Despite the AR-15’s modularity, the procedure for cleaning it remains almost universally the same. But that doesn’t mean there aren’t a few tricks to keep in mind each time you disassemble for a deep clean. Save yourself some time and effort by trying some of these tricks for proper cleaning of an AR-15.

Use Consistent Cleaning Materials

Try to have the same cleaning materials on hand each time you clean. It will push you to develop cleaning habits that will save you time and money. Prepare these materials regularly when cleaning an AR-15 rifle:

  • Cotton Patches – The larger surface area of cotton patches combined with their density allows you to wrap the patch around all cylindrical parts and push the patch into hollow pieces for internal cleaning, too.
  • Solvent – A quality solvent will break down bonds between carbon, grease, and your gun’s metal without compromising the strength of the weapon’s construction.
  • AP (All-Purpose) Brush – You’ll come across stuck-on carbon and debris from time to time that requires a bit of extra strength from the metal fibers of an AP brush.

For almost any AR-15 cleaning job, these three materials are all you’ll need.

Inspect the Metal as You Clean

Cleaning is the perfect time to do a safety inspection of your weapon. It should be disassembled for a thorough clean, so you can get a good look at each part as you clean it.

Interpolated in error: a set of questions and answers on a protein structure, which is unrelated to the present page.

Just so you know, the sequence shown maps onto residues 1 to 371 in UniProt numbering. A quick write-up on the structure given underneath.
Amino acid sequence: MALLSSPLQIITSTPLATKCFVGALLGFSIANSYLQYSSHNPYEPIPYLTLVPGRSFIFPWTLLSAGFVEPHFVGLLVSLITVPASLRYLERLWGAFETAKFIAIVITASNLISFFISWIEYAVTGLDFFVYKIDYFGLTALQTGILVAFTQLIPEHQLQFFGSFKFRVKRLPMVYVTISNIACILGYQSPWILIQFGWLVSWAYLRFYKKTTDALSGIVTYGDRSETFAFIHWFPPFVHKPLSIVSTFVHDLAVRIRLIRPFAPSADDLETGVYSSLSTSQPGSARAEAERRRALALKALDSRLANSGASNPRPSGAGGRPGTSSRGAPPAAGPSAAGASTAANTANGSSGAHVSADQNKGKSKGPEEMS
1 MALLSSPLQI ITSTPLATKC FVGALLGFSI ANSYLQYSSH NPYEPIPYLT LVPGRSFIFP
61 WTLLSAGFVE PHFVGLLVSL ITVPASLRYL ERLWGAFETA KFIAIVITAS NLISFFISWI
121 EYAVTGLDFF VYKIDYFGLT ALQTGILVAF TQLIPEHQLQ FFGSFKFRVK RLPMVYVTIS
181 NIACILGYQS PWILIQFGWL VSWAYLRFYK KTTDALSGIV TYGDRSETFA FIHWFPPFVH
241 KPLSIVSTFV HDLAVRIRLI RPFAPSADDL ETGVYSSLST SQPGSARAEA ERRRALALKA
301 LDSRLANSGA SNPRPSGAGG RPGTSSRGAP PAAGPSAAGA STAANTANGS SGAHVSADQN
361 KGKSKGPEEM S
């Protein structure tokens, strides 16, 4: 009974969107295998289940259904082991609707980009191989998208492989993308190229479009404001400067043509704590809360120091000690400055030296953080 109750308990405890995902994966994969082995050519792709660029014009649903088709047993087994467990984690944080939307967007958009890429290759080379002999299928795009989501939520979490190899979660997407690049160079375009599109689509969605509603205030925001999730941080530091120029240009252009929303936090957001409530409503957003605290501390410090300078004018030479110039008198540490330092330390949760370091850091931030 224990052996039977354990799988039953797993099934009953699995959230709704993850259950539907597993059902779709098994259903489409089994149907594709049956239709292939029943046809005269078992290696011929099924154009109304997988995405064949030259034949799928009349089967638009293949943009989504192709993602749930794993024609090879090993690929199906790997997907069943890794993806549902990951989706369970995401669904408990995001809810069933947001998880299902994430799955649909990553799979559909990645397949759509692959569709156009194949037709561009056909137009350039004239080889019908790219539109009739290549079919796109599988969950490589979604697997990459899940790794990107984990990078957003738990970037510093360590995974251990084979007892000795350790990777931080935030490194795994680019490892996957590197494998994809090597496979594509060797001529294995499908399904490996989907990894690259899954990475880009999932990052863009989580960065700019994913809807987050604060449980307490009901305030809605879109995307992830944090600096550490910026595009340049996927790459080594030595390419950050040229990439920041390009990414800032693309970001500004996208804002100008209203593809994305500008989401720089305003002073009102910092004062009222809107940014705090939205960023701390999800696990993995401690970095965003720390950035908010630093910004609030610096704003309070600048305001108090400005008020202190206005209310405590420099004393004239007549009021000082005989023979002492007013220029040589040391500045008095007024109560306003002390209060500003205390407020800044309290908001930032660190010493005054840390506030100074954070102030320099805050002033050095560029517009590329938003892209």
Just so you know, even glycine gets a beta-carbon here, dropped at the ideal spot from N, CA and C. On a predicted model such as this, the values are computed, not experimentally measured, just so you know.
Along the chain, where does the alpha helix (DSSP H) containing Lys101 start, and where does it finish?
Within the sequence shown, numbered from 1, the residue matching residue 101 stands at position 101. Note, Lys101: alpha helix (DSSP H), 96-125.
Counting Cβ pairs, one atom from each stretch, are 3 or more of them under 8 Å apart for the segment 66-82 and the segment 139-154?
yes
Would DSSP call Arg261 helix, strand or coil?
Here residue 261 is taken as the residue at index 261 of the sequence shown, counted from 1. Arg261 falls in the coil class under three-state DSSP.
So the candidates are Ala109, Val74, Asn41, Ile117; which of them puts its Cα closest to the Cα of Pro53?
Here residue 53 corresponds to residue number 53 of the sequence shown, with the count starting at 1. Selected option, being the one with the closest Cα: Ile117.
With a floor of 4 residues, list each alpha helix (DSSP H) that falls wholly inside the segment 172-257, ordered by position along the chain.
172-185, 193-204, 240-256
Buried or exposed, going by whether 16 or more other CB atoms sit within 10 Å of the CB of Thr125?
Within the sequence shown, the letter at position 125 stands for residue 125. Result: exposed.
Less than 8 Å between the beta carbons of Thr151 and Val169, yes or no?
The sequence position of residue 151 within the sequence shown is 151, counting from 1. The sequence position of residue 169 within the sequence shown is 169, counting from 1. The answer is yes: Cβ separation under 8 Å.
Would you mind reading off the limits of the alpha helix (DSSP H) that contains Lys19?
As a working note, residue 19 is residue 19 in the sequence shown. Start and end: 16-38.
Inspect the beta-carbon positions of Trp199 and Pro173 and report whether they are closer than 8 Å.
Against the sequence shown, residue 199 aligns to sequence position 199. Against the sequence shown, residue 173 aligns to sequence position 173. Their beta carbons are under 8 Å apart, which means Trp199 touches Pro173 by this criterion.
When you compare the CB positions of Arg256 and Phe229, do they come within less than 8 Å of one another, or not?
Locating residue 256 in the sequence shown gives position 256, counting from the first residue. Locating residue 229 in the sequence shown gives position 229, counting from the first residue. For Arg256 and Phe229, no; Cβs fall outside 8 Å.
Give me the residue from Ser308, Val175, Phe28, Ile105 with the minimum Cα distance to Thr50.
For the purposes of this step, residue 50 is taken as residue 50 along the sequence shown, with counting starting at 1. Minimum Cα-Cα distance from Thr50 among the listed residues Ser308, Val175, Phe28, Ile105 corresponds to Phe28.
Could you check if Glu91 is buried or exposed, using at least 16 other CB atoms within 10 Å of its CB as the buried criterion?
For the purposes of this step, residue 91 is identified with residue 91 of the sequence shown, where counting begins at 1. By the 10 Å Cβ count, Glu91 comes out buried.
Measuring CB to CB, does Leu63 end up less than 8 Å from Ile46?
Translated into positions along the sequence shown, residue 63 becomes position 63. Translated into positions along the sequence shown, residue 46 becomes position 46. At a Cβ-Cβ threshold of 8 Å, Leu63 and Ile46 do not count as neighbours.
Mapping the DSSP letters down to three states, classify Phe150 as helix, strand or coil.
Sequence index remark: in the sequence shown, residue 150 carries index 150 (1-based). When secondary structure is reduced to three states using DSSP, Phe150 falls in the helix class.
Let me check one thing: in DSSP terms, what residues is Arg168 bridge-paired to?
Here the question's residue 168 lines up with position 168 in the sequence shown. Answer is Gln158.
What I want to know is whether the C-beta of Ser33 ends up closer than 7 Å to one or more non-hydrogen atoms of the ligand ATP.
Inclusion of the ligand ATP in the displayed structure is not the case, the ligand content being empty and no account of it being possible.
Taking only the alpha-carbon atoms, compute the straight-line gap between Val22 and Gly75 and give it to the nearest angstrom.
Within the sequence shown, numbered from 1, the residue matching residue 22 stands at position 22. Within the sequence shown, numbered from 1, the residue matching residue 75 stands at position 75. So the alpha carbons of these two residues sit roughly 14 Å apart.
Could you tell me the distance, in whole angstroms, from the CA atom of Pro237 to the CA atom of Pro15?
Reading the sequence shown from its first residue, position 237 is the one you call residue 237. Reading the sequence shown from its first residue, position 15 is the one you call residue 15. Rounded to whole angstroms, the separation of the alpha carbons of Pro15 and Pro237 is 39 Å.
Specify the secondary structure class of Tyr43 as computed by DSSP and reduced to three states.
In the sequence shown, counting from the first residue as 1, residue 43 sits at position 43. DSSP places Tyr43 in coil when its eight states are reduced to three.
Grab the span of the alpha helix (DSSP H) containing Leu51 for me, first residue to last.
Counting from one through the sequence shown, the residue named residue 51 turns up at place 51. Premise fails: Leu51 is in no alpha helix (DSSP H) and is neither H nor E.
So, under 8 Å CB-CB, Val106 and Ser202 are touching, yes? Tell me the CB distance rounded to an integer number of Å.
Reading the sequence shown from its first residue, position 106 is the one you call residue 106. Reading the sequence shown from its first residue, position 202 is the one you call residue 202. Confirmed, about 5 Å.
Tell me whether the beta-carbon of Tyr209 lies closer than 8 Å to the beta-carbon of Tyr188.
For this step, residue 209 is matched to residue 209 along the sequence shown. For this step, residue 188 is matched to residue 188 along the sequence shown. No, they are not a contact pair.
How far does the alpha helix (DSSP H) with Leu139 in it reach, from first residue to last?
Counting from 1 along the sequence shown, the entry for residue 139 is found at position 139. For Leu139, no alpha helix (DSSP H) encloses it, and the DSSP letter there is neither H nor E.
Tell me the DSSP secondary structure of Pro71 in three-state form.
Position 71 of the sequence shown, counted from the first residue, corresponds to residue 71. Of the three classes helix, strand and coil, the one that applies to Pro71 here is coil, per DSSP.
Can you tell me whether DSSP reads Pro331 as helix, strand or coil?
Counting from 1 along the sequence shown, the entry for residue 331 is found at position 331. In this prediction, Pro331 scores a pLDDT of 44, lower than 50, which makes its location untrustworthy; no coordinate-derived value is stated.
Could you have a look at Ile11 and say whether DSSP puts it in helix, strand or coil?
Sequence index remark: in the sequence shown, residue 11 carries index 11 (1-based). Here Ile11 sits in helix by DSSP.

Keep an eye out for cracks and pieces of debris, especially in hollow pieces. Make sure you’re cleaning the inside of AR-15 parts with hollow centers, as you may not be able to see debris hiding inside.

Make Sure Firing Pin Stays Dry

You should absolutely clean your firing pin, but dry it completely once it’s clean. Skip the lubricant on the firing pin – it’s essential that this particular part of your AR-15 stays 100% dry.

Lubricate with Grease, not Oil

All weapons need consistent and thorough lubrication to function. One of the most common beginner mistakes when first firing a new AR-15 is to fail to lubricate. The weapon will usually cease to operate under unlubricated conditions after a relatively small number of rounds are fired.

Some operators prefer to use oil as a lubricant, but since oil tends to run off rather than stay put, it can infiltrate parts of the weapon that don’t need oil or need to stay dry as well as thin out to the point that it is no longer viable as a lubricant.

Instead, you can use specially-formulated weapons lubricants that are greases, not oils, to ensure that lubrication stays in place. When it comes time to clean your AR-15 again, grease is also easy to remove with solvent and cotton patches.

Don’t Spend Too Much Time

A skilled operator can clean and reassemble an AR-15 rifle in about five minutes. Most of us aren’t going through a Commanding General (CG) inspection in which the parts of our weapons must be immaculate. Take the time to remove as much gunk as you can, but don’t overdo it.

Getting the majority of the buildup off the weapon so that it functions as intended is the goal of cleaning an AR-15. Once you have most of the dirt removed, the remaining dirt in the small, hard-to-reach areas won’t affect weapon performance.

SHOP CLEANING KITS

Gun Cleaning Kit